While environmental problems are often addressed in the field of political science, the resulting harm to both humans and nature, and the interconnections between them, are often left invisible as the focus is put on the interests of states. Cynthia Martin suggests that empathy can be promoted through a shift in one’s theoretical perspective.
Using theoretical paradigms that embody empathy encourages students to put themselves in the place of the ‘Other’. Pedagogically, they provide teachers with essential tools to teach and encourage respect and kindness. They provide bodies of knowledge that substantiate the experiences of individuals and groups. As a concept, empathy is the embodiment of compassion and altruism.
My goal as a teacher and Political Scientist is to encourage an empathic undertaking of ecological sustainability. This semester students in my Global Politics class are considering Posthuman Complexity1] theories in International Relations alongside the traditional mainstream approaches (i.e. Realism, Liberalism etc.).
Mainstream models and paradigms of International Relations theories are focused on state-centric and anthropocentric forms of analysis. Nation-states, in their attempts to safe-guard their sovereignty and promote economic development, all too often fail to consider the effects of ignoring the safety and well-being of human and non-human systems, and the consequences this has on the Earth’s ecosystems.
Posthuman Complexity models encourage empathy in many ways. Firstly as a model it encourages students to look beyond the parameters of a human-centered analysis. Secondly, Complexity models deconstruct and redefine embedded notions around the superiority of the human species in their relations with all other life forms. Rather, humans are considered along with other self-regulating systems and their contingent parts. Thirdly, by extending the concept of empathy beyond the parameters of human-centered interactions, students begin to fully understand that there is a dialectical relationship between themselves and all living systems in their environments.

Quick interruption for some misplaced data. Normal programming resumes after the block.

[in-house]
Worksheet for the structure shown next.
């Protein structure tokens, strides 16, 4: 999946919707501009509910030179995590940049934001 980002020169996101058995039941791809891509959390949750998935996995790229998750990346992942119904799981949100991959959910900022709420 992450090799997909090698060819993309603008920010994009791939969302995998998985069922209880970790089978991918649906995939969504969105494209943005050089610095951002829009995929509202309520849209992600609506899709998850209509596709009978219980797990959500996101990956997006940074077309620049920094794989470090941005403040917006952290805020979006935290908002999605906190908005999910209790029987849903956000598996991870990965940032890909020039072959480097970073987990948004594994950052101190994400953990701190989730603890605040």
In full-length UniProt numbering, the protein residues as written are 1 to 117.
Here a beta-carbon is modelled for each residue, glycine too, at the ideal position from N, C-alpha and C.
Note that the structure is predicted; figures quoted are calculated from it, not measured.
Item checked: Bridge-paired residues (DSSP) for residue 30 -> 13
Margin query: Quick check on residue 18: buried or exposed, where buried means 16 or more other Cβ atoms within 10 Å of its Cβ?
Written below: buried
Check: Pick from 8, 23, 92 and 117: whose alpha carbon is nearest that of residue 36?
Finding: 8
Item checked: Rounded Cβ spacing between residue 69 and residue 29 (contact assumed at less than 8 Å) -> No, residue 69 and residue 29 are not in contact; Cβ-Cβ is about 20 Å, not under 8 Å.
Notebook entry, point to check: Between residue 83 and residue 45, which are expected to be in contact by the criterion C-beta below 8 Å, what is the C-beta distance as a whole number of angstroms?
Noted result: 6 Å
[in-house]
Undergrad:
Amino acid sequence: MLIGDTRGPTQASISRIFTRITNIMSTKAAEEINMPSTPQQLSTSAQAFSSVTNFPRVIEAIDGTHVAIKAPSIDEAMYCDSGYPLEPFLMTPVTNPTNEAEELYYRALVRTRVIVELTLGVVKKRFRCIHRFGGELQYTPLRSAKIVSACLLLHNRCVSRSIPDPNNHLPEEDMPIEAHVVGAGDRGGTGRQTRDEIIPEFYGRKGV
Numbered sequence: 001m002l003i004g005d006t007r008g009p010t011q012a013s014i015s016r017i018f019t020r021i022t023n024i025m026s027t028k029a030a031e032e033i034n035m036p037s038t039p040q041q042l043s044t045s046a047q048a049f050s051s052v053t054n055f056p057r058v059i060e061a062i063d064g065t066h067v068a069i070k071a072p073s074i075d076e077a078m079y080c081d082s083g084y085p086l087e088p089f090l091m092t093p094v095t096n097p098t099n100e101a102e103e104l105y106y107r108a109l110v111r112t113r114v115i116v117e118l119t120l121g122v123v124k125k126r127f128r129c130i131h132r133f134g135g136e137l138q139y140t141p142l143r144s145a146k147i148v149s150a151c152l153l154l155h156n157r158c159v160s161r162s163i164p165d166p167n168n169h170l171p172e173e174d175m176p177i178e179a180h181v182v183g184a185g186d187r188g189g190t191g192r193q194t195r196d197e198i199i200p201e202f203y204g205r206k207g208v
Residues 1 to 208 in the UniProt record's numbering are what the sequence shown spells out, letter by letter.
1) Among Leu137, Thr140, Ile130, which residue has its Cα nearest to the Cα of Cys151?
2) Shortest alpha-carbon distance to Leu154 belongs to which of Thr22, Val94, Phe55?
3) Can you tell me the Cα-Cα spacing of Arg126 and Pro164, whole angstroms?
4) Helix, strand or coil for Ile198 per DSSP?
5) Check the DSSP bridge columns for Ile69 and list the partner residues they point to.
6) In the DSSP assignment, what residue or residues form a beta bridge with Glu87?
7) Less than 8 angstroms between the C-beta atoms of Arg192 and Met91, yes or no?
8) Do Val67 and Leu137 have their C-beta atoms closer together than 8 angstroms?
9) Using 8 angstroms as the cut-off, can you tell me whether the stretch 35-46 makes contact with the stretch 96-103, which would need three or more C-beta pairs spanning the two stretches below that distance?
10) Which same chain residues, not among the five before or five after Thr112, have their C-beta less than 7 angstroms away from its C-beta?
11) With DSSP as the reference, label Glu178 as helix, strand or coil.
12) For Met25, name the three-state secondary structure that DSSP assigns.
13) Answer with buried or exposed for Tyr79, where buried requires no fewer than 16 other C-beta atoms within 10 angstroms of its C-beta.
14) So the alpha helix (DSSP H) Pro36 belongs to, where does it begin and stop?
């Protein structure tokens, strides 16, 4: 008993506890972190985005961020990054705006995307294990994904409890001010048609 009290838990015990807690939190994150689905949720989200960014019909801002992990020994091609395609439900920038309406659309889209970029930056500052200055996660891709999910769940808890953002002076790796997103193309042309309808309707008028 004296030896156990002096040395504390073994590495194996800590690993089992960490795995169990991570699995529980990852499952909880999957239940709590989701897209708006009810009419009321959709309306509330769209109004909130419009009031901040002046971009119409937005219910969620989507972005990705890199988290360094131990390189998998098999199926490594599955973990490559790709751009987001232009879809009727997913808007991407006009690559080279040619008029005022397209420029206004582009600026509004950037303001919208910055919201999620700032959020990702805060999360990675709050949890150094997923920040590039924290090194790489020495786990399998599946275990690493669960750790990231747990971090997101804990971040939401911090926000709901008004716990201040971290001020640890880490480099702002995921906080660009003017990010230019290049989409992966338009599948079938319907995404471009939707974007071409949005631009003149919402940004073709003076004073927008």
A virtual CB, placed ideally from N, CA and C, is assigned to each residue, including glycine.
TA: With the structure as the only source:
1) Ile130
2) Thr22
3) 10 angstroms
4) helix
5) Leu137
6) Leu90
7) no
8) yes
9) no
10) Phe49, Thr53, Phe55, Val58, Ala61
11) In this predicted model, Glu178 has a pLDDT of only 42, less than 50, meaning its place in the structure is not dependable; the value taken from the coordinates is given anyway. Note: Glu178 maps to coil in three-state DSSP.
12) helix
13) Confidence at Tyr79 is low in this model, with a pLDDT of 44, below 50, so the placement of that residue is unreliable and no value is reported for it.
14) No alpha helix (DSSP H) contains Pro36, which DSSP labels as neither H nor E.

In environmental politics, environmental racism refers to the experiences of human and non-human life systems in the racialized communities of the global north and global south. These communities receive disproportionate amounts of air and water pollution, disposal of toxic wastes, and other means of degradation to land and water systems through, for example, resource extraction.  They are ‘racialized’ because the affected communities are located on or near land inhabited by indigenous peoples and rural, peasant farmers.
State-centric and anthropocentric approaches to Global Politics and IR look at the embedded power relations located in the relational organization of nation states. Broadening the scope of the analysis to include non-human, self-regulating systems is of vital importance to sustaining a healthy planet. Establishing and reinforcing their importance is best accomplished by incorporating Posthuman, complexity theories to the study of IR and ecological sustainability because they underscore the need for empathy compassion and altruism for all life forms.
Cynthia J. Martin
Political Science, Dawson College